Michael Foreman, who now lives in London, says, “I’ve always remained connected – my parents stayed in Durban. My mom passed away last year and my dad now lives in [the Jewish aged home] Beth Shalom. It was terrifying for the residents to receive videos of unrest so close to where they were living, and the staff that care for them not being able to come to work. The shopping centre where my mom used to do her shopping was less than a kilometre away, and it was badly looted.
“A group of us who were at school together would get together often [before COVID-19] and are very close. At one of those meetings, my good friend Jeremy Droyman [who still lives in Durban] appealed to us to remember the ageing community there. I got the idea of building a global virtual community, and set up a website and Facebook page titled, It’s Durban Calling.”
The Facebook page is a dynamic and growing group with Jewish Durban expats from all over the world. So when events transpired last week, it was perfectly positioned to lead relief efforts for the Durban Jewish community. “Not being able to do much from overseas was scary. So we decided to do an emergency appeal. Jeremy said he was planning to airlift supplies, and we organised a fundraiser for it. We already had an international PayPal account and a charitable trust set up, so we were able to launch the appeal very quickly.” They managed to raise R70 000 in 24 hours, and that amount is growing [R105 000 raised as of Tuesday morning 20 July]. “Every bit helps, and it allows the community abroad to do something.”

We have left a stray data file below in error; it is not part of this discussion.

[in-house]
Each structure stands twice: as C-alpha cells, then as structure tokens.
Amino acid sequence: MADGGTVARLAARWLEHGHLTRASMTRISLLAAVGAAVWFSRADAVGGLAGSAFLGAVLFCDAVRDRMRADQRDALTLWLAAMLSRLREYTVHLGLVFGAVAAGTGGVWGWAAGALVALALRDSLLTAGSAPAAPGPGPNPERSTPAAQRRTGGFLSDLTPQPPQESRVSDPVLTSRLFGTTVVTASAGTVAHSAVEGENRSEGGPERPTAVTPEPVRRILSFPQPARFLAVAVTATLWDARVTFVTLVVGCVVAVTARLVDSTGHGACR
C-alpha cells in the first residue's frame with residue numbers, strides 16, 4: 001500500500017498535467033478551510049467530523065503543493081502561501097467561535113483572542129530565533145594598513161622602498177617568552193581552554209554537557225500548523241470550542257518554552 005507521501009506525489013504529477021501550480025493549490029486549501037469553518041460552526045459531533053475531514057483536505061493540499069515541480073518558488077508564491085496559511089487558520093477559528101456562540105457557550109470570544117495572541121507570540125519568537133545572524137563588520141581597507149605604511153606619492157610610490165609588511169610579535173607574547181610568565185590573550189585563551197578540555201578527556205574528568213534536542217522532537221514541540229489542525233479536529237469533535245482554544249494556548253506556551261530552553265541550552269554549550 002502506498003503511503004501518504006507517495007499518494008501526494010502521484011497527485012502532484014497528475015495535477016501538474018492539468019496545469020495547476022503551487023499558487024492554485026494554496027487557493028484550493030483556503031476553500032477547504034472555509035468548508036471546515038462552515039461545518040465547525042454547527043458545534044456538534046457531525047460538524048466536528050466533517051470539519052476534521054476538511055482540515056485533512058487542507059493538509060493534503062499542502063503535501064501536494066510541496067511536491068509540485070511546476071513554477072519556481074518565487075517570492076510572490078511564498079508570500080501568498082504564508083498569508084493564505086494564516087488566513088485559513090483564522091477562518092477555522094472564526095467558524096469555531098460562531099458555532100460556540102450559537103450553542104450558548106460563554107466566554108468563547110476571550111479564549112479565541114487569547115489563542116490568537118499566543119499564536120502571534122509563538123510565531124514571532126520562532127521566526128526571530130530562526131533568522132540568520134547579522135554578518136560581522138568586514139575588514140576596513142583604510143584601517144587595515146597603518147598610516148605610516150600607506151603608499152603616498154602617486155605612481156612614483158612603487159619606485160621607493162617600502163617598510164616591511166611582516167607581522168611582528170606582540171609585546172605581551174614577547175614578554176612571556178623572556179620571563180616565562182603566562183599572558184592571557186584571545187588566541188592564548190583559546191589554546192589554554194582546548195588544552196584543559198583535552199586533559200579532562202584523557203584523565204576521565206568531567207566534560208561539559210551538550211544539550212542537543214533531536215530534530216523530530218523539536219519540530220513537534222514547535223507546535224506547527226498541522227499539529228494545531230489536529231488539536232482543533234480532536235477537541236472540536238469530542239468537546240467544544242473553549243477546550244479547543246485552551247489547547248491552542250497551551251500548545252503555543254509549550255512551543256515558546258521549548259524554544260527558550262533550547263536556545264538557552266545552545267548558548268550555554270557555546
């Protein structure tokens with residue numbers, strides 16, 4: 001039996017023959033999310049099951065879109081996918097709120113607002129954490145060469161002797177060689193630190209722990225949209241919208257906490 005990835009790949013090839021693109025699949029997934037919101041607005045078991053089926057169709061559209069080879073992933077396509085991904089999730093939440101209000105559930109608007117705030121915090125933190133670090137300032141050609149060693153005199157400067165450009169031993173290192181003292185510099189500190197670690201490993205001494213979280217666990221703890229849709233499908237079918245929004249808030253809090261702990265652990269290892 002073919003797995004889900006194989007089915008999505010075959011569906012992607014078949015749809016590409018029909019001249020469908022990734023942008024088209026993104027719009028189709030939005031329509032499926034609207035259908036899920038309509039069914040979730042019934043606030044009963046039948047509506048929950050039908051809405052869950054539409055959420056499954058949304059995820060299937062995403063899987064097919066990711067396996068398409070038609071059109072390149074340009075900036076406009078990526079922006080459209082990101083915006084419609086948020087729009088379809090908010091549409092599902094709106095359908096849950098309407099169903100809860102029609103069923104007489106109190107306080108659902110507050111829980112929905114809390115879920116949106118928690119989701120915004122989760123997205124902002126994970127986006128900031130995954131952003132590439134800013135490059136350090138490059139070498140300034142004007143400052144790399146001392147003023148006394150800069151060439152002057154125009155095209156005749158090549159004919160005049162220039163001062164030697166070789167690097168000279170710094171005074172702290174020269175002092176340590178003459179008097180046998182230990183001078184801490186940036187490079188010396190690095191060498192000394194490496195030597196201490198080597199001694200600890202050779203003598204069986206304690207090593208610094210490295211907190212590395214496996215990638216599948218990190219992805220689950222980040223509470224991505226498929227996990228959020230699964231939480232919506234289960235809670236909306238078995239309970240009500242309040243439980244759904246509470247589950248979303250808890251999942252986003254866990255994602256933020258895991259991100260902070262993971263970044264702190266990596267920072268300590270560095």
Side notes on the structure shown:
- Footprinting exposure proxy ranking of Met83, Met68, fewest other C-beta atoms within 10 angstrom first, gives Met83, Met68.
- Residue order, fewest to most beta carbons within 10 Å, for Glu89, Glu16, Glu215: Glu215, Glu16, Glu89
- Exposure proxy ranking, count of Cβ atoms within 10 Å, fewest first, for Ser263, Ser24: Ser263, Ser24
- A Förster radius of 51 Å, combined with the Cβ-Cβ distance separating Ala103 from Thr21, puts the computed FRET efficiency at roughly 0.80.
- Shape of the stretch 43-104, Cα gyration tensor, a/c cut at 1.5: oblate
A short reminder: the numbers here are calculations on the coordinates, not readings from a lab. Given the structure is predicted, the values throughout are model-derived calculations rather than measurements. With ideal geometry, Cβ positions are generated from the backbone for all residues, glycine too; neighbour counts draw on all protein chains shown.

Meanwhile, expats who hail from other cities in South Africa have also been deeply affected. Elan Burman, now in the United States, says, “I still feel a very close connection, both because so many family and friends are still there, and because of how inalienable South Africa is from my personal identity. I wish I could have been part of the crowd cleaning up and helping.”
He called on his American friends to make donations to organisations like Afrika Tikkun, and to purchase South African food and wine to support the South African economy. “Now, more than ever, my soul is in South Africa, hoping for a brighter tomorrow,” he says.
Sianne Menashe, who lives in the United Kingdom, says, “My dad and sister [and her family] plus in-laws and friends are all still in South Africa. The videos and images were devastating! I had a lot of hope seeing [former president Jacob] Zuma going to jail. [After the riots], my main emotion was sadness. I have a lot of friends that live in townships, and it’s been heart breaking to hear what’s going on. They’ve all been really scared – gunshots through the night. And now they’re the ones suffering the most.”
She’s upset about the notion of “smug expats”. “A lot of us were offended [by this] because we’ve been doing everything we can [financially] to help people there especially during COVID-19,” she says. “I love South Africa and I want her to flourish. South Africans living out of South Africa still strongly identify as South Africans.”
Liora Benater in Australia says, “South Africa will always have a piece of my heart. Last week’s events made me incredibly sad and overwhelmed, seeing so much destruction, businesses being lost, and the vaccine rollout being halted. Most of the events weren’t publicised on Australian news, which was alarming, and I had to source videos and information myself.
“I checked in with my brother almost every day to make sure he and his family were safe, and my husband did the same with his family. Family members reported hearing gunshots from their home in Johannesburg. A number of Facebook friends posted things like South Africans living abroad shouldn’t comment or judge, which made me angry. We decided to leave South Africa, but this doesn’t mean we don’t care anymore.”